Congressman Doug Collins, who is one of President Trump’s biggest defenders, wants to challenge United States Senator Kelly Loeffler, who was appointed by Governor Brian Kemp. Collins applied for the job, but Kemp chose Loeffler instead to replace retiring Senator Johnny Isakson.
“It just makes people make some pretty difficult choices,” said WSB Political Analyst Bill Crane of a potential race between Collins and Loeffler in the November special election. Do they support the president, or do they support the governor?
The political dynamics are fascinating.
It could create a potential nightmare for Republicans, if Democrats put up a united candidate, while Loeffler and Collins split the GOP vote. In that scenario, “The Republican Party could very well lose that seat,” Crane said.
Candidates from all parties will appear on the same ballot in the election, unless state lawmakers create a partisan primary. Governor Kemp is promising to veto any effort to end the so-called “jungle primary.”
Collins is working with Democrats in the Georgia legislature and Republican House Speaker David Ralston to have the rules changed to a partisan primary.
Atlanta’s Evening News host WSB’s Erick Erickson said that may not be a good idea. “Collins is going to fracture the Republican party,” Erickson said.
Kemp was hoping the GOP would be united behind Loeffler in the race to fill the remaining two years of Isakson’s seat, but it’s shaping up to be anything but that for Republicans.
“It will make a very interesting and spirited open primary race, and will divide the Georgia Republican party base,” Crane said.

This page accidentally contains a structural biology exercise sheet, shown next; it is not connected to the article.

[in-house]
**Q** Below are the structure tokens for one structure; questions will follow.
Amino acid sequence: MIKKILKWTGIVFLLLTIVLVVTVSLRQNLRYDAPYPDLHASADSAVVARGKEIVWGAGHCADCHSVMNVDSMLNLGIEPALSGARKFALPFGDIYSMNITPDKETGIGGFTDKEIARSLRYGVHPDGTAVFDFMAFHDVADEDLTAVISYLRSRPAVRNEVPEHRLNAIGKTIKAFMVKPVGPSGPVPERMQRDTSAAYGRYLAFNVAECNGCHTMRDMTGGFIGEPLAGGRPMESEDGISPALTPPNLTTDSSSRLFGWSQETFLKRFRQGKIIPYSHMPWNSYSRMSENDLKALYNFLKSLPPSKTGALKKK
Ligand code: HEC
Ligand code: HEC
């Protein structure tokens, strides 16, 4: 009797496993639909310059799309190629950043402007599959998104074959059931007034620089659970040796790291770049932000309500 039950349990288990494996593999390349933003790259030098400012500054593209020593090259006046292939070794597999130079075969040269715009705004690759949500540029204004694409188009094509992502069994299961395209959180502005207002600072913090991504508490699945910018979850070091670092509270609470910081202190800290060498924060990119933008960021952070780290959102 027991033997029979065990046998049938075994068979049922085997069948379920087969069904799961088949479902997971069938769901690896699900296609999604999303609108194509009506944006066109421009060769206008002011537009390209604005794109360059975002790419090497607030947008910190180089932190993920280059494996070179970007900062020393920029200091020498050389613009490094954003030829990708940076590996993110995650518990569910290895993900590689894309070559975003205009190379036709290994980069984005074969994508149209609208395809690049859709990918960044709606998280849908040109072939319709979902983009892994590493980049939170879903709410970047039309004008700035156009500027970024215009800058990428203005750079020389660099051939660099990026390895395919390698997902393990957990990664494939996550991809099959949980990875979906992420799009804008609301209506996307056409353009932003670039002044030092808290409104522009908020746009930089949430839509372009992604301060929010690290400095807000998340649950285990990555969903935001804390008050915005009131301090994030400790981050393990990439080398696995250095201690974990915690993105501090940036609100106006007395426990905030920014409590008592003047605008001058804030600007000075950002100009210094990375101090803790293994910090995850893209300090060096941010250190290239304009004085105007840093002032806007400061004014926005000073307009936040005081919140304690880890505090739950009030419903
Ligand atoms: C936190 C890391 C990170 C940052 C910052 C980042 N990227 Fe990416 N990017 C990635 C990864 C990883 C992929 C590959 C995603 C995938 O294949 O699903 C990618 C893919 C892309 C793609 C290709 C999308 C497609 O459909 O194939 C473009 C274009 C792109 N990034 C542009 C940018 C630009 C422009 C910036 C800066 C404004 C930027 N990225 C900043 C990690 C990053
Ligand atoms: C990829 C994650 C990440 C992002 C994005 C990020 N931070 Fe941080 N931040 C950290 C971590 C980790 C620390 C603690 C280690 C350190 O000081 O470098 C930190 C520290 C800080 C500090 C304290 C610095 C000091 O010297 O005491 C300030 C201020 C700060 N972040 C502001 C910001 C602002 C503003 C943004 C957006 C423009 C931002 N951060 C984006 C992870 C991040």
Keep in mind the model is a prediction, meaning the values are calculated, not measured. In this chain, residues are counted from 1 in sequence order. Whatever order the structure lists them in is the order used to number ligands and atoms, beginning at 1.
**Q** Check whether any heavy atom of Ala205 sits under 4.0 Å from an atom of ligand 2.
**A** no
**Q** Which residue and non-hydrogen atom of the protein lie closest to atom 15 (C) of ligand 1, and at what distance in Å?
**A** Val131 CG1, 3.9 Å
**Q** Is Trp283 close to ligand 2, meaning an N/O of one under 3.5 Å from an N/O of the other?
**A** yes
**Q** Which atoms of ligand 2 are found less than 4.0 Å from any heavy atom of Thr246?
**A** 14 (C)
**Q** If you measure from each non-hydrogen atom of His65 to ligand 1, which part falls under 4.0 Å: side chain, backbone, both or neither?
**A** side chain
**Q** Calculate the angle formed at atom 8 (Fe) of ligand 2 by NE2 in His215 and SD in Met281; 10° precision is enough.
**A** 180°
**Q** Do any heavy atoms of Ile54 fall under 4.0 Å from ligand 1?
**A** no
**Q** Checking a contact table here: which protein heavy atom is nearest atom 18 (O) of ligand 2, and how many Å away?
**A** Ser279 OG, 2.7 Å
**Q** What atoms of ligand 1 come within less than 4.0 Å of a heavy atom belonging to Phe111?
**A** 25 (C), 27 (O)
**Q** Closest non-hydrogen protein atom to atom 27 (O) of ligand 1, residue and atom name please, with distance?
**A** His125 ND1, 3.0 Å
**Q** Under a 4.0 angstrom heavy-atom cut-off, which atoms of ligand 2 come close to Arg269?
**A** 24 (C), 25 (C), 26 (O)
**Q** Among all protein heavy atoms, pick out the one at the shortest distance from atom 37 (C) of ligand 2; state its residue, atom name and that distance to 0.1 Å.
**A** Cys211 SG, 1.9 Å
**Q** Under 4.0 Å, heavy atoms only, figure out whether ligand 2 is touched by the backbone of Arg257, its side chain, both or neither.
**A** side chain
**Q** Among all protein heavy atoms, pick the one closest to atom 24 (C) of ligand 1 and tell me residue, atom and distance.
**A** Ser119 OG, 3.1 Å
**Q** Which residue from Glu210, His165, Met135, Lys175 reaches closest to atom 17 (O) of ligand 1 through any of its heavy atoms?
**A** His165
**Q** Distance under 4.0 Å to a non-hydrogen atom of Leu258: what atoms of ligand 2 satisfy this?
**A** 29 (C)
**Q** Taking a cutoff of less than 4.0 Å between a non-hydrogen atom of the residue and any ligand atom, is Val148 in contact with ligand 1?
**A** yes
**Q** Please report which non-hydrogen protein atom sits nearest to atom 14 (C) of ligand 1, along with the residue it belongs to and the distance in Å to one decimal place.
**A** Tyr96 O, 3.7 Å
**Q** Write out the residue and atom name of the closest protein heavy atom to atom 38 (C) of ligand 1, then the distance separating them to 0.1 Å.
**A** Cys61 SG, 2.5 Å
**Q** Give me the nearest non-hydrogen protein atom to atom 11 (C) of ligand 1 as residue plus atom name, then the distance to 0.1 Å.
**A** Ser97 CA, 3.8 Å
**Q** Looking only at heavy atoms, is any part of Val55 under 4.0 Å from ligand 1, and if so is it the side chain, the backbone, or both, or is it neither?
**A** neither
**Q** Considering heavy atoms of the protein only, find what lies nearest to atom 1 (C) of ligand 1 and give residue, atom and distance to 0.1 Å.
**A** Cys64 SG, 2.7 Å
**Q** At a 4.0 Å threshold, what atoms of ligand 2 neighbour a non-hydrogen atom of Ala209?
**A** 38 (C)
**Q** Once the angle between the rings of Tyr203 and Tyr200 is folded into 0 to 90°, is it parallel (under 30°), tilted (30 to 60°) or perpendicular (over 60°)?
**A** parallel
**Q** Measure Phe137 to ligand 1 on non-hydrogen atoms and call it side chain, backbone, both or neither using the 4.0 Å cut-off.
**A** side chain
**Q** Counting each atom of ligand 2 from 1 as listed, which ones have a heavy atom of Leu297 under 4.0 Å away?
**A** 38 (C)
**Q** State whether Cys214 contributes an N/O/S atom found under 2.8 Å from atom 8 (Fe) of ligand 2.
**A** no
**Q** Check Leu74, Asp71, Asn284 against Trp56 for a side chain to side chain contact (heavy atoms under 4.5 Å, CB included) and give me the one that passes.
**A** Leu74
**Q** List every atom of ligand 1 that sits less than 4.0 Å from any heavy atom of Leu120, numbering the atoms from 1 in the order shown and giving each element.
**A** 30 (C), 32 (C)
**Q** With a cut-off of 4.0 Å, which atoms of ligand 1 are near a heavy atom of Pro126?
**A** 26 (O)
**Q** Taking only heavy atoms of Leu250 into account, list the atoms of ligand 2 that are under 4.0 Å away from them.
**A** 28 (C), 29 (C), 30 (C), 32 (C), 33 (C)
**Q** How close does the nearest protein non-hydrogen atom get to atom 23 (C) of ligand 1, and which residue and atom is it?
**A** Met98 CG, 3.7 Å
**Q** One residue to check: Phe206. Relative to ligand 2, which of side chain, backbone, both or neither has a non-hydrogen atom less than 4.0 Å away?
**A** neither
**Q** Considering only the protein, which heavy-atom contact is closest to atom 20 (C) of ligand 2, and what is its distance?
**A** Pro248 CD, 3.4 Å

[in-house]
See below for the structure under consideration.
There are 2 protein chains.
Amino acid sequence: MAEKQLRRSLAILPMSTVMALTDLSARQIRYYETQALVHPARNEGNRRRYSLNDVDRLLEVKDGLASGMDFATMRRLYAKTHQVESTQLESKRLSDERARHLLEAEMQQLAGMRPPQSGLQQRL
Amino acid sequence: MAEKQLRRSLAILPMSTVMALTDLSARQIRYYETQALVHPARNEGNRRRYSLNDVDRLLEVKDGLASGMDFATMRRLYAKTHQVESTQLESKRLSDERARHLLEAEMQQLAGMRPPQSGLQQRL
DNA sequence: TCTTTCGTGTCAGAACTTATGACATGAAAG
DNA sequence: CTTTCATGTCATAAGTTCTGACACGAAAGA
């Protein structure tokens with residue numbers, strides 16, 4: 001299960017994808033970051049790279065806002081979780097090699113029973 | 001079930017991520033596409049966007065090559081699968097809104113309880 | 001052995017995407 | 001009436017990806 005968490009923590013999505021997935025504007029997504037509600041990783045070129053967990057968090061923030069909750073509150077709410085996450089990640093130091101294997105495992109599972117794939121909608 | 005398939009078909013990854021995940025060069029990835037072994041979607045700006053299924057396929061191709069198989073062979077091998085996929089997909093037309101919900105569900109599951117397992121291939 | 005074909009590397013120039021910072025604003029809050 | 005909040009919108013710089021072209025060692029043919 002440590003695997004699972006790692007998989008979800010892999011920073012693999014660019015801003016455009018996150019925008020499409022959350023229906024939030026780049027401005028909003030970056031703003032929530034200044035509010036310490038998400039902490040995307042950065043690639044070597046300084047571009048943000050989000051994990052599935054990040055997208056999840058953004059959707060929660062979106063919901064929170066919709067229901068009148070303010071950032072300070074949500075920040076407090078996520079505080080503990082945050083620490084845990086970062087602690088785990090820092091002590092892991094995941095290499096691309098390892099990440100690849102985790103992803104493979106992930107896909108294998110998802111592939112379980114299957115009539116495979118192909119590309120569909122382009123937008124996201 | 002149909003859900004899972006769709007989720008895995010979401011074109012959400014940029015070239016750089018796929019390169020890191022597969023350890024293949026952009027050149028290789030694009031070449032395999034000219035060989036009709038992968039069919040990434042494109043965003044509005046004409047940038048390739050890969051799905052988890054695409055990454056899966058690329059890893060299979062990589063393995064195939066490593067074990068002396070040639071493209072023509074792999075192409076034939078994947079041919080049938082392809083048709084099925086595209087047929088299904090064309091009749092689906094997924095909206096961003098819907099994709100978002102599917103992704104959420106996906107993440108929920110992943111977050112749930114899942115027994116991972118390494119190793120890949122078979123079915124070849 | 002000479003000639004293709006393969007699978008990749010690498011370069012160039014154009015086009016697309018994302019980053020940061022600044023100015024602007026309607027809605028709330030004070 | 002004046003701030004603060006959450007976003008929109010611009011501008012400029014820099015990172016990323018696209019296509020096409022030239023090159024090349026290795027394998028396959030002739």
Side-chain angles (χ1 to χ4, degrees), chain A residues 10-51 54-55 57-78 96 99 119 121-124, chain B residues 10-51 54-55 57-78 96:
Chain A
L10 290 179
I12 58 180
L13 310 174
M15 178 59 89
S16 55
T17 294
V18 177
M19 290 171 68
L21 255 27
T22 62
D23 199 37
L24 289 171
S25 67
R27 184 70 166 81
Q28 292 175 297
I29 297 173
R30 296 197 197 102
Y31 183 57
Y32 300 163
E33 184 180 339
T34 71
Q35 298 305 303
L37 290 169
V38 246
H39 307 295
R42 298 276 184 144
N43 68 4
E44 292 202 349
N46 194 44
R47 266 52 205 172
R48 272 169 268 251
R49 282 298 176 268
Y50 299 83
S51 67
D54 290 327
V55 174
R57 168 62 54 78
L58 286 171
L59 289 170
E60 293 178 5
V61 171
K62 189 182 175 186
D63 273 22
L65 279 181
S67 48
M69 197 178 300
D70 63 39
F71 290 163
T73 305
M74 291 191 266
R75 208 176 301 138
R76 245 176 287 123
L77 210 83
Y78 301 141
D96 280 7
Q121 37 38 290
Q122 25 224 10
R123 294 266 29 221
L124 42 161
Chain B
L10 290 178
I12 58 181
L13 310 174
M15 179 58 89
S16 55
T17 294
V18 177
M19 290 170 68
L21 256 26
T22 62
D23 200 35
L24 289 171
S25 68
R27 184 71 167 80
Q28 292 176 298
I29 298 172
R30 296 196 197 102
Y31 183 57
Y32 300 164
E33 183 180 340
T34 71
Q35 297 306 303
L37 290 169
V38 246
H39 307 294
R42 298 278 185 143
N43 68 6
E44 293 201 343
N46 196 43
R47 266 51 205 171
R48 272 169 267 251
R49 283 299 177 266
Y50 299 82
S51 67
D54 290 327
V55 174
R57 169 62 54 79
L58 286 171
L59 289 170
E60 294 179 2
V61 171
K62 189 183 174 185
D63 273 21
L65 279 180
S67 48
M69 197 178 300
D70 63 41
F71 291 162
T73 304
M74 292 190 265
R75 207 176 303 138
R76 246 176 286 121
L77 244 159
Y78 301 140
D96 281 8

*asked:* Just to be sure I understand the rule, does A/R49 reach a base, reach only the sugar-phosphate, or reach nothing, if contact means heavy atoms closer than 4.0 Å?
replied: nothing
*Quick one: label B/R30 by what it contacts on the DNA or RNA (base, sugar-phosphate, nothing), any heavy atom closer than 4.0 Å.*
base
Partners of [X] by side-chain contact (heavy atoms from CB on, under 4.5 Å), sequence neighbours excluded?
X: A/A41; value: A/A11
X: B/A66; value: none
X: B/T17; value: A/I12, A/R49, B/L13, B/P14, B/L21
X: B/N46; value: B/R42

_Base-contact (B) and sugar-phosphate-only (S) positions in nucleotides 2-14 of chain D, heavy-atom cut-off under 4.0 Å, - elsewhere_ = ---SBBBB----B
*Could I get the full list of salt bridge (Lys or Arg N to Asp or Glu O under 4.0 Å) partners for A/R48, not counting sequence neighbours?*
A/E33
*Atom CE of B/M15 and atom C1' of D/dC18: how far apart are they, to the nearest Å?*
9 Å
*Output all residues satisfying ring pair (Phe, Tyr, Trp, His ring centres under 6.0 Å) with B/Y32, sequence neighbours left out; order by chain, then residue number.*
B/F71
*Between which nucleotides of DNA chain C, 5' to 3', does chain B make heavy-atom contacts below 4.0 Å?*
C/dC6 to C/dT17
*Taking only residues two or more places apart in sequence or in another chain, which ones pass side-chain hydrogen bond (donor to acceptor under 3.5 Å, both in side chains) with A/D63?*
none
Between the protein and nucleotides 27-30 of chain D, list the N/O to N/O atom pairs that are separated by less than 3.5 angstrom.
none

As for who might be favored between Collins and Loeffler, Crane gives the edge to Collins, who has been a vocal defender of President Trump during the impeachment process. “Activist Republicans, who are most likely to show up and participate and vote early, are going to be leaning in support of their president and Doug Collins,” Crane said.
It remains to be seen how many Democrats will enter the race. So far, entrepreneur Matt Lieberman and federal prosecutor Ed Tarver have said they will run. The Rev. Rafael Warnock of Ebenezer Baptist Church is also considering a run.
However, infighting among Republicans may encourage a higher profile candidate to get into the race. “This will put pressure on Stacey Abrams, in particular, to give another look at running for that seat,” Crane said.
Democrats were already eyeing Georgia with two U.S. Senate races up for grabs. Republican Senator David Perdue is also up for re-election.